Blog
About

  • Record: found
  • Abstract: found
  • Article: found
Is Open Access

The importance of naming cryptic species and the conservation of endemic subterranean amphipods

Read this article at

Bookmark
      There is no author summary for this article yet. Authors can add summaries to their articles on ScienceOpen to make them more accessible to a non-specialist audience.

      Abstract

      Molecular taxonomy often uncovers cryptic species, reminding us that taxonomic incompleteness is even more severe than previous thought. The importance of cryptic species for conservation is poorly understood. Although some cryptic species may be seriously threatened or otherwise important, they are rarely included in conservation programs as most of them remain undescribed. We analysed the importance of cryptic species in conservation by scrutinizing the South European cryptic complex of the subterranean amphipod Niphargus stygius sensu lato. Using uni- and multilocus delineation methods we show that it consists of 15 parapatric and sympatric species, which we describe using molecular diagnoses. The new species are not mere “taxonomic inflation” as they originate from several distinct branches within the genus and coexist with no evidence of lineage sharing. They are as evolutionarily distinct as average nominal species of the same genus. Ignoring these cryptic species will underestimate the number of subterranean endemics in Slovenia by 12 and in Croatia by four species, although alpha diversity of single caves remains unchanged. The new taxonomy renders national Red Lists largely obsolete, as they list mostly large-ranged species but omit critically endangered single-site endemics. Formal naming of cryptic species is critical for them to be included in conservation policies and faunal listings.

      Related collections

      Most cited references 64

      • Record: found
      • Abstract: found
      • Article: found
      Is Open Access

      RAxML version 8: a tool for phylogenetic analysis and post-analysis of large phylogenies

      Motivation: Phylogenies are increasingly used in all fields of medical and biological research. Moreover, because of the next-generation sequencing revolution, datasets used for conducting phylogenetic analyses grow at an unprecedented pace. RAxML (Randomized Axelerated Maximum Likelihood) is a popular program for phylogenetic analyses of large datasets under maximum likelihood. Since the last RAxML paper in 2006, it has been continuously maintained and extended to accommodate the increasingly growing input datasets and to serve the needs of the user community. Results: I present some of the most notable new features and extensions of RAxML, such as a substantial extension of substitution models and supported data types, the introduction of SSE3, AVX and AVX2 vector intrinsics, techniques for reducing the memory requirements of the code and a plethora of operations for conducting post-analyses on sets of trees. In addition, an up-to-date 50-page user manual covering all new RAxML options is available. Availability and implementation: The code is available under GNU GPL at https://github.com/stamatak/standard-RAxML. Contact: alexandros.stamatakis@h-its.org Supplementary information: Supplementary data are available at Bioinformatics online.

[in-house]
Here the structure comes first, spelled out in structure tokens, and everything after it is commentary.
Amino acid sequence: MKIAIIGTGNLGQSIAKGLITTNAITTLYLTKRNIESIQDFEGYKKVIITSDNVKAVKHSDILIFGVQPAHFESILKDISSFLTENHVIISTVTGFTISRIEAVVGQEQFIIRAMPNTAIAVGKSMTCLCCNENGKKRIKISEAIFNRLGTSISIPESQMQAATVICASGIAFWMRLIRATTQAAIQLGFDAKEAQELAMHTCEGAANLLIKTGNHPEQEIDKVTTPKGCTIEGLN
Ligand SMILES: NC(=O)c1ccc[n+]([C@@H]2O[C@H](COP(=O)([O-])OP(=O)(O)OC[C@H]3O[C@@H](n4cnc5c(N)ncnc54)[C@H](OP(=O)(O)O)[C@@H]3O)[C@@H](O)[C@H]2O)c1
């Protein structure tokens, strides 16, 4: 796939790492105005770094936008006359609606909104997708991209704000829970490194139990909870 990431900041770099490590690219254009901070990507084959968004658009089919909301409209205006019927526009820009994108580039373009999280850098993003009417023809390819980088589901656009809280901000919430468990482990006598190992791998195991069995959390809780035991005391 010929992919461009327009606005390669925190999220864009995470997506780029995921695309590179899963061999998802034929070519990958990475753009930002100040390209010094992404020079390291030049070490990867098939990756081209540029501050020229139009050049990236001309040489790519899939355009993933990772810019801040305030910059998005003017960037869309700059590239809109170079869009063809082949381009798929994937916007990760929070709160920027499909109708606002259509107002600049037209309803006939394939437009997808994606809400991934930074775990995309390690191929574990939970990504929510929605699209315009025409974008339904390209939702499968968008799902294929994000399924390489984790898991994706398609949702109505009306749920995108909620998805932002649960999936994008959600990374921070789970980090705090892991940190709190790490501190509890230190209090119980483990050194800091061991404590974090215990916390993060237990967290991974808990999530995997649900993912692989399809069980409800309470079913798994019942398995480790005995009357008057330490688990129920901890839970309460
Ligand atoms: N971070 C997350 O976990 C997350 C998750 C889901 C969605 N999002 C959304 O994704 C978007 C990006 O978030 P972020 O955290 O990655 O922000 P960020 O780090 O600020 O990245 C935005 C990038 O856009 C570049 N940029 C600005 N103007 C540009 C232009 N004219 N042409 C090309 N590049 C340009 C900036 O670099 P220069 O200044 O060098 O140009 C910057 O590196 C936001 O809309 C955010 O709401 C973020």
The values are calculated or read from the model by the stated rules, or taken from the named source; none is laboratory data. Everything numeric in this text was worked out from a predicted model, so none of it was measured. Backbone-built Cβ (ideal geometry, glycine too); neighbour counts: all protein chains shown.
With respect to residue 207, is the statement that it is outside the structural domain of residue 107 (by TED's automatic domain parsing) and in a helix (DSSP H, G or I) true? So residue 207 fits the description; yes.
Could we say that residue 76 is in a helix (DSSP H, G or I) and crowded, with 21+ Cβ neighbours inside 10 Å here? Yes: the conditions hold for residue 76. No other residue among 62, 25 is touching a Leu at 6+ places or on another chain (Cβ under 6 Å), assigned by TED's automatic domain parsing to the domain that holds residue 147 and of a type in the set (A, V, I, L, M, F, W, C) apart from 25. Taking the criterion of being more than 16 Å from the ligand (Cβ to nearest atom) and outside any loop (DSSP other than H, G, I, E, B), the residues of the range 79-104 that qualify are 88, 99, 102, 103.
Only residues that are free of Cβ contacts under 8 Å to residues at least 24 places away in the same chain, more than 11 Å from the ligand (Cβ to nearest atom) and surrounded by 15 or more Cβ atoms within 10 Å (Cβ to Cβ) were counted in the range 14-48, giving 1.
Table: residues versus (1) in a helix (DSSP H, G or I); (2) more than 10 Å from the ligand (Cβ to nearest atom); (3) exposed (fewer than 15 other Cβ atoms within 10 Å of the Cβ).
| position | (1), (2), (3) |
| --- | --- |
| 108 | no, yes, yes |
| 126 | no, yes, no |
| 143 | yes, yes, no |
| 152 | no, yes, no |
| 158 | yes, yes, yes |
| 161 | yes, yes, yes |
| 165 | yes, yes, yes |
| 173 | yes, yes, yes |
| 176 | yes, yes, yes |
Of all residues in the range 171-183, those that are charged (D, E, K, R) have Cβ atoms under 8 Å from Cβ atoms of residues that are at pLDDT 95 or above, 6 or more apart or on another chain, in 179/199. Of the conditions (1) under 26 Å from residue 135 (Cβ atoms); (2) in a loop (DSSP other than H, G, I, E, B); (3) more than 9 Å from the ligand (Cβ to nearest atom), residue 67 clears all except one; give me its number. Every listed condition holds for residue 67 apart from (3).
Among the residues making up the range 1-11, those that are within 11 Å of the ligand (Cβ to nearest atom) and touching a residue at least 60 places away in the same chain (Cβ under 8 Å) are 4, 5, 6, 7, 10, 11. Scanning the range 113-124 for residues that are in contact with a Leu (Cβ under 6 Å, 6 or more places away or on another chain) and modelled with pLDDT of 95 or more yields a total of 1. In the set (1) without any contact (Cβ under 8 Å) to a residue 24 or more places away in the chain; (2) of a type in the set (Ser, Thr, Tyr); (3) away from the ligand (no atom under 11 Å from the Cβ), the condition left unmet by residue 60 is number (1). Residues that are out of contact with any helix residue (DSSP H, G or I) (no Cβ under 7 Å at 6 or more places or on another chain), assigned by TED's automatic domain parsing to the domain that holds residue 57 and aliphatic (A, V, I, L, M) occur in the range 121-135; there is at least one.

Bookmark
        • Record: found
        • Abstract: found
        • Article: not found

        New algorithms and methods to estimate maximum-likelihood phylogenies: assessing the performance of PhyML 3.0.

        PhyML is a phylogeny software based on the maximum-likelihood principle. Early PhyML versions used a fast algorithm performing nearest neighbor interchanges to improve a reasonable starting tree topology. Since the original publication (Guindon S., Gascuel O. 2003. A simple, fast and accurate algorithm to estimate large phylogenies by maximum likelihood. Syst. Biol. 52:696-704), PhyML has been widely used (>2500 citations in ISI Web of Science) because of its simplicity and a fair compromise between accuracy and speed. In the meantime, research around PhyML has continued, and this article describes the new algorithms and methods implemented in the program. First, we introduce a new algorithm to search the tree space with user-defined intensity using subtree pruning and regrafting topological moves. The parsimony criterion is used here to filter out the least promising topology modifications with respect to the likelihood function. The analysis of a large collection of real nucleotide and amino acid data sets of various sizes demonstrates the good performance of this method. Second, we describe a new test to assess the support of the data for internal branches of a phylogeny. This approach extends the recently proposed approximate likelihood-ratio test and relies on a nonparametric, Shimodaira-Hasegawa-like procedure. A detailed analysis of real alignments sheds light on the links between this new approach and the more classical nonparametric bootstrap method. Overall, our tests show that the last version (3.0) of PhyML is fast, accurate, stable, and ready to use. A Web server and binary files are available from http://www.atgc-montpellier.fr/phyml/.